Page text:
Europe's leaders-united against the far right?
By Alex Callinicos
IT IS no surprise that the entry of the far right Freedom Party into the Austrian government sent a wave of anger among opponents of racism and fascism throughout Europe. What's much more surprising is the relatively tough reaction from the other 14 member governments of the European Union. Take, for example, Jacques Chirac, the French president.
It was Chirac who apparently initiated the call for European governments to impose sanctions on Austria. A lifelong Gaullist, he is hardly a principled fighter against racism. Indeed, back in the early 1990s he made a notorious speech that appealed to the racist vote by referring to "the smell and noise of immigrant areas". But in a way it is because mainstream conservatives like Chirac count racists among their supporters that they are so worried about far right demagogues like J�rg Haider and Jean-Marie Le Pen.
The Gaullists in France, and the Christian Democrats in Germany and Italy, emerged after the Second World War as broad rallying fronts for all right of centre forces. In effect they were coalitions whose supporters ranged from extremist bigots with a fascist past or sympathies to centrists who would be equally at home, say, in the British Liberal Democrats or New Labour. Now, however, mainstream conservative parties are in crisis. The Italian Christian Democrats disintegrated in the early 1990s. The Helmut Kohl scandal has sent their German counterparts into a tailspin and the French parliamentary right is deeply split.
In this situation mass far right parties present a mortal danger. They can further weaken and marginalise the mainstream conservatives by using racism to win over the more reactionary section of their electoral base. The conservatives can respond to the rise of the far right in one of two ways. One is to ally with them in the hope of drawing their teeth and winning over their supporters. This is the strategy being pursued by the Austrian People's Party in forming a coalition with Haider. Its leader, Wolfgang Sch�ssel, has been boasting to the media that, as chancellor, he can tame Haider.
The trouble is that, as everyone with half a brain knows, this was also the strategy pursued by the German president, Field Marshal Hindenburg, and his adviser Franz von Papen when they made Hitler chancellor in January 1933. Almost certainly Haider is looking forward to the failure of the coalition government and a new election in which the Freedom Party supplants the People's Party as the main right of centre force. The other strategy is to try to isolate the far right in the hope of driving them back to the political margins and recreating the old conservative coalition.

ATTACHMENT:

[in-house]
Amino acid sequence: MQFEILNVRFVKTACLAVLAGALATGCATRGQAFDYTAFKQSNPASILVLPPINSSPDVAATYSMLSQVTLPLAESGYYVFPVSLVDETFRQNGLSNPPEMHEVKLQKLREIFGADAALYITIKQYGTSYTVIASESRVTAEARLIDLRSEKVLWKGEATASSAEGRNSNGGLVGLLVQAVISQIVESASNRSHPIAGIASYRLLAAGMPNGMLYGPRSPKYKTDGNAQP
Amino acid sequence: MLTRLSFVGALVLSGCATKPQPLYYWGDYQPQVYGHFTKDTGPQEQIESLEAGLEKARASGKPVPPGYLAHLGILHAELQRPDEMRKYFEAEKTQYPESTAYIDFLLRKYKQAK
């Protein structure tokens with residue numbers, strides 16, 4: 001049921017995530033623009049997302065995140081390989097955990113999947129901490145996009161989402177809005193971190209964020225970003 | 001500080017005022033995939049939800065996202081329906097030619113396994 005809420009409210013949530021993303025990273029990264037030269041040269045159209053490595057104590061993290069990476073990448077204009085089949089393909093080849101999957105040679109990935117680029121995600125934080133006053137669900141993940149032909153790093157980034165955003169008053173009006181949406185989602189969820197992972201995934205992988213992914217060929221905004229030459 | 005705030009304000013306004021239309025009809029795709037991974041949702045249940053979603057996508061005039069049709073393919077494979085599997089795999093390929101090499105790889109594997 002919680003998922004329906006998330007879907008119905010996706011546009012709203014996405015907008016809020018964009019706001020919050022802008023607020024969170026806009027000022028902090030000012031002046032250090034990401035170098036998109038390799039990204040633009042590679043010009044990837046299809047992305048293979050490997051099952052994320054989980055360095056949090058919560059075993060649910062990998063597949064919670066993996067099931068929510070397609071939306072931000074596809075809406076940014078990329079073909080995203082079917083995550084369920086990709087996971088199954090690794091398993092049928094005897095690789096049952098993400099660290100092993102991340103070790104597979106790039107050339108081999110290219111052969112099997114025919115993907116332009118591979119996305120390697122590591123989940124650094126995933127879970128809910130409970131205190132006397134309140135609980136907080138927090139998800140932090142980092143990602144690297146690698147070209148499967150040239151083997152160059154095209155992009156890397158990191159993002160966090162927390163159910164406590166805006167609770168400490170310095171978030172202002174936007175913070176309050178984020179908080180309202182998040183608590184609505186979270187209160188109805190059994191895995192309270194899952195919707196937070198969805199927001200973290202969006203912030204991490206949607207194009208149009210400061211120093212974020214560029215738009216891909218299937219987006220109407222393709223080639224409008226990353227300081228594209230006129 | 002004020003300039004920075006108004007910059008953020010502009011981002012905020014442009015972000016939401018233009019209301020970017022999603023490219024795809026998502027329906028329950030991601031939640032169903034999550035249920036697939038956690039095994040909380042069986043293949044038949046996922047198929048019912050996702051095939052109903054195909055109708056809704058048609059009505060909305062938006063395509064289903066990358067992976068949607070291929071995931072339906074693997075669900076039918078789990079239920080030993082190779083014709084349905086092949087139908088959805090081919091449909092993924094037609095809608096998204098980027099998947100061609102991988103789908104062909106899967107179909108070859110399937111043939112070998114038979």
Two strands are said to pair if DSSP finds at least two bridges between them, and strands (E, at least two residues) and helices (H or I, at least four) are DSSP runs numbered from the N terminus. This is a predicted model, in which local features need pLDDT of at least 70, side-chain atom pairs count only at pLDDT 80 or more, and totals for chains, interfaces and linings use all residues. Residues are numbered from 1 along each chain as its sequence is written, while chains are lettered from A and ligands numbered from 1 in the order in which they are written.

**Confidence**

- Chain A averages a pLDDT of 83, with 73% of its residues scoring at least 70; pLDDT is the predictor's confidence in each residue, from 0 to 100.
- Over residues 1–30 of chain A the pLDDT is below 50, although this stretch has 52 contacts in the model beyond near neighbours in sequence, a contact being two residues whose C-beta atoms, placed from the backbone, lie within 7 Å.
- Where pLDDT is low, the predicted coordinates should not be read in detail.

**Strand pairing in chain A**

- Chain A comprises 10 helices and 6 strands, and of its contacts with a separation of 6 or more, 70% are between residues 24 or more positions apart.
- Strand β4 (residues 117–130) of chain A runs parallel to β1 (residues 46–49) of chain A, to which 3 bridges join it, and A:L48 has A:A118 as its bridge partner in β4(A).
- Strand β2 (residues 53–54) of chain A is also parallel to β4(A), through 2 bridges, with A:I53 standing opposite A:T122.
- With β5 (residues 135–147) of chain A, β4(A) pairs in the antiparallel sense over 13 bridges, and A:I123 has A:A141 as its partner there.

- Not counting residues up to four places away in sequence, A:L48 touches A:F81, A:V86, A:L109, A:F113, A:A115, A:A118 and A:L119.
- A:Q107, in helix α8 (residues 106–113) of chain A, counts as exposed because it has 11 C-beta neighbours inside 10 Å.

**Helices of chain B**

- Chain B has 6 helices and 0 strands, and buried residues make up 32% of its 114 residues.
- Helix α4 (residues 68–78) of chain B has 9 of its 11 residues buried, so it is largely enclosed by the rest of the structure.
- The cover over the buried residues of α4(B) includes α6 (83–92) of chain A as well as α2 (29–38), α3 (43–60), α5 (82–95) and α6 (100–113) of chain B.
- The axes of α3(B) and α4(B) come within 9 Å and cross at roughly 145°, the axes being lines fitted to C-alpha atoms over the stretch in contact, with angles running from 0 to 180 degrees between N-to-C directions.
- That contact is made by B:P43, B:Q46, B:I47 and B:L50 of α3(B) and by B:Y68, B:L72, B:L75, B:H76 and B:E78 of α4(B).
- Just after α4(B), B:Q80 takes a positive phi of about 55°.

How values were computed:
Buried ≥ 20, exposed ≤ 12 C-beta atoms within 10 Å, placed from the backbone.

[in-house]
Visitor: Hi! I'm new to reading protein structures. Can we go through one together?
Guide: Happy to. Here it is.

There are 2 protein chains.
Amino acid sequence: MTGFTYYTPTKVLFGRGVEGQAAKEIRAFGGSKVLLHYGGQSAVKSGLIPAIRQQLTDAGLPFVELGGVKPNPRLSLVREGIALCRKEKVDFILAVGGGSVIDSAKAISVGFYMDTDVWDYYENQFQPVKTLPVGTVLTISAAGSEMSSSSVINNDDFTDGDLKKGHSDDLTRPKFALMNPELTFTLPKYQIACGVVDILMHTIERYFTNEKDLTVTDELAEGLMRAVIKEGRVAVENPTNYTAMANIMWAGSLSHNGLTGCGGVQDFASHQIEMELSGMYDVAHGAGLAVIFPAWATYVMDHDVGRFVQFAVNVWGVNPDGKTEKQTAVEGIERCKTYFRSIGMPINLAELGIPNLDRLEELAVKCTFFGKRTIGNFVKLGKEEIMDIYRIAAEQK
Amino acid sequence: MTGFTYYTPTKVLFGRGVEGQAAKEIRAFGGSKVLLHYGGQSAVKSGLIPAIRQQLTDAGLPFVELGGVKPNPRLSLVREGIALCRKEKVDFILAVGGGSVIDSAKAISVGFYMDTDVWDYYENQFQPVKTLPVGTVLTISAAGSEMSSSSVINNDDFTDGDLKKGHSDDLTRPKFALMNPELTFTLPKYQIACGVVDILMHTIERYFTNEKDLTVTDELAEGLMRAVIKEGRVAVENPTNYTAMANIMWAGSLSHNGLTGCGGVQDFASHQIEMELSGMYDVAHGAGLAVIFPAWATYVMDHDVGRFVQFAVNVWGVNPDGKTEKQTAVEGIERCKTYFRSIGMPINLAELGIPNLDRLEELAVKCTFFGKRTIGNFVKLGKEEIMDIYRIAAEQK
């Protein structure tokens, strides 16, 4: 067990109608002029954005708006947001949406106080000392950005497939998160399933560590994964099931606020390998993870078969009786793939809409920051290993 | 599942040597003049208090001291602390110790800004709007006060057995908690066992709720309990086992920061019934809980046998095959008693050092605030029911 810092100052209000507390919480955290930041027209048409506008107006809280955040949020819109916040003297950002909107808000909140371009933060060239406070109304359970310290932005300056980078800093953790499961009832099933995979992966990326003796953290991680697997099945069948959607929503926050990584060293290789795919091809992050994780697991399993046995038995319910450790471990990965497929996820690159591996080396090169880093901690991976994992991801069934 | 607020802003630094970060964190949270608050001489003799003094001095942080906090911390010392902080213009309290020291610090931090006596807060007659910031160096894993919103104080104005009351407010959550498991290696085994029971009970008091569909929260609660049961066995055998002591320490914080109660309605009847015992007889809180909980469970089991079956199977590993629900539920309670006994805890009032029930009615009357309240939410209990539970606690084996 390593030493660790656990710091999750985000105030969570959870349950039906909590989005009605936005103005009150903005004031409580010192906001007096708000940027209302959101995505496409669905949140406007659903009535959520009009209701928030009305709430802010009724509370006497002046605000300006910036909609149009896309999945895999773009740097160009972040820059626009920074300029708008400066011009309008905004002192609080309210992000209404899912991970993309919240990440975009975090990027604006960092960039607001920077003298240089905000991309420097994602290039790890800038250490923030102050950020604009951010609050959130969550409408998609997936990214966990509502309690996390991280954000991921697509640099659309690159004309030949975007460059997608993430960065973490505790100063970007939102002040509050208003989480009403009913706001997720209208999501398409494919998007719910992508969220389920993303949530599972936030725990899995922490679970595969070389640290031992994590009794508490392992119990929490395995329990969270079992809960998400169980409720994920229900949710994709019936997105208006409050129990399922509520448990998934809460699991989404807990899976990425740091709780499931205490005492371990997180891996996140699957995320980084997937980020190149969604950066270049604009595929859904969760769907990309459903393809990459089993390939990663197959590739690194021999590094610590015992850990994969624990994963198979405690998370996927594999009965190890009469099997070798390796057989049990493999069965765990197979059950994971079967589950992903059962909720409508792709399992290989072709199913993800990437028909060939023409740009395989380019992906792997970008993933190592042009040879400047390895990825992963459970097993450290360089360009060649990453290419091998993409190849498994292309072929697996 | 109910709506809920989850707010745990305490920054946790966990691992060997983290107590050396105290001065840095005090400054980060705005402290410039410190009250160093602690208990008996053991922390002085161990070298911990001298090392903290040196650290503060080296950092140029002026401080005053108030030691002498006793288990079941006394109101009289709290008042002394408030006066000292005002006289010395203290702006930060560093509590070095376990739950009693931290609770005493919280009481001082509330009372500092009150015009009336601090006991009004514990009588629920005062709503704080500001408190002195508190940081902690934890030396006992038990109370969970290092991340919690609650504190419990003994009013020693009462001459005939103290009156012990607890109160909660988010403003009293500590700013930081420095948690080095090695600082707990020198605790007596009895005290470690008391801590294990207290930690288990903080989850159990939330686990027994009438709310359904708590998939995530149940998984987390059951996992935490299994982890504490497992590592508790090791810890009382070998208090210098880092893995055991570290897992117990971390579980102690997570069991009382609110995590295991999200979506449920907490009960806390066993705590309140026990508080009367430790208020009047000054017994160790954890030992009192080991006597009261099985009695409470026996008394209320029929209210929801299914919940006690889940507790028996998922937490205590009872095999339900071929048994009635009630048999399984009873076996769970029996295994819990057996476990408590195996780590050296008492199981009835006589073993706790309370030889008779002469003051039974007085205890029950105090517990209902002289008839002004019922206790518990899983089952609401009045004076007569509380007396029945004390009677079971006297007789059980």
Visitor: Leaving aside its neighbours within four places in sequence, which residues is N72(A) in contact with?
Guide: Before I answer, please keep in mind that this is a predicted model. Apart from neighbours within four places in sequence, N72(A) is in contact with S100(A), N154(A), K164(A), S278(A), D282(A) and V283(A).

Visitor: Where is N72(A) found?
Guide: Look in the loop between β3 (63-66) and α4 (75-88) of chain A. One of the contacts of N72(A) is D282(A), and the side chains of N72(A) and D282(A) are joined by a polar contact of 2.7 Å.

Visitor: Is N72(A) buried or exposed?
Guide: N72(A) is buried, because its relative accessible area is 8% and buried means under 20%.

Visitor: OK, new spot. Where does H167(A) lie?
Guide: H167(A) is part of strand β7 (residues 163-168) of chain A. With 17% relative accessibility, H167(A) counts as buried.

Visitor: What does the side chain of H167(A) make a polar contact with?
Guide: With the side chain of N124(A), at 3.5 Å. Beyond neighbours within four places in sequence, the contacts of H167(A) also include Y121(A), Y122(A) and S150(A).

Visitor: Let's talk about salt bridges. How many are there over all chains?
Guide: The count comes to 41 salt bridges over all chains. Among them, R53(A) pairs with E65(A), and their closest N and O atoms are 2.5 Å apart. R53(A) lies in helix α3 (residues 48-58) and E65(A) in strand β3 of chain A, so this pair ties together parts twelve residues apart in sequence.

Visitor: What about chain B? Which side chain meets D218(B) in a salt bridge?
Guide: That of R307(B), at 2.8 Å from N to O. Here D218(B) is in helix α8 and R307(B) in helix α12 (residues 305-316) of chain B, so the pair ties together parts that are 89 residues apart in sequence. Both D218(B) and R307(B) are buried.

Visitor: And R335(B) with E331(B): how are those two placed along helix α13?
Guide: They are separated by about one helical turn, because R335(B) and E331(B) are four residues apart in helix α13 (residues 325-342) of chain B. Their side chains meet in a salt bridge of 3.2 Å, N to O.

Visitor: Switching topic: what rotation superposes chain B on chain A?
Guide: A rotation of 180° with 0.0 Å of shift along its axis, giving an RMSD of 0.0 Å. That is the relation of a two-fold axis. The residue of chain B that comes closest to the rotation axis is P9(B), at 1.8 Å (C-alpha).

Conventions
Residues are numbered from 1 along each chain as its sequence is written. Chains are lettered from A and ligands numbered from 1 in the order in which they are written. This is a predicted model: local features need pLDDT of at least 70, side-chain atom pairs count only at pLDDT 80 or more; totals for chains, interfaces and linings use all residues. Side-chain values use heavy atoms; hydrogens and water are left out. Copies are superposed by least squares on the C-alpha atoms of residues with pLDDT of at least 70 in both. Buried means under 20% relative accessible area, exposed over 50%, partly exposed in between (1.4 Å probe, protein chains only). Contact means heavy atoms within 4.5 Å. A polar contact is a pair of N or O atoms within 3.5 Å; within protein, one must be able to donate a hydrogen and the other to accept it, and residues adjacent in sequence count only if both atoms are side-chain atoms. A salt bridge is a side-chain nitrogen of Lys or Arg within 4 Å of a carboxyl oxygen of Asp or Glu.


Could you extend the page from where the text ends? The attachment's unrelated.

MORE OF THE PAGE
This was Chirac's response when a section of the French parliamentary right decided in 1998 to block with the National Front at the regional level. The other main force be hind the EU hard line is the social democratic governments that now rule much of Europe. However much "modernisation" may have taken place at the top, the European labour movement still harbours the bitterest memories of fascism. Indeed, not long ago the social democratic governments sought to activate these memories to win support for NATO's war against Serbia. Joschka Fischer, foreign minister in Germany's red-green government, even called the bombing campaign an "anti-fascist" struggle like the Spanish Civil War.
Having waged such a war in the name of human rights, social democratic leaders like Lionel Jospin and Gerhard Schr�der could hardly sit by as Nazi sympathisers took office in Vienna. Despite its "ethical" foreign policy New Labour's response was muted compared to that of its counterparts on the continent. Tony Blair is too busy running scared of eurosceptic media barons like Rupert Murdoch to commit himself enthusiastically to what Tory commentators denounced as the EU ganging up on a member government.
Welcome though the campaign to isolate Austria is, external pressures alone cannot get rid of Haider. After all, this is not the first time the far right have entered a European government in recent years. In Italy in 1994 the fascist National Alliance led by Gianfranco Fini joined Silvio Berlusconi's right wing coalition. The other governments of Europe pretended nothing of importance had happened and welcomed the fascist ministers to their meetings. But within a year the government had collapsed, its back broken by a massive general strike in 1994. All our efforts must be concentrated on encouraging the Austrian working class also to sweep away the scum who have crawled out of the gutters and into Vienna's ministries.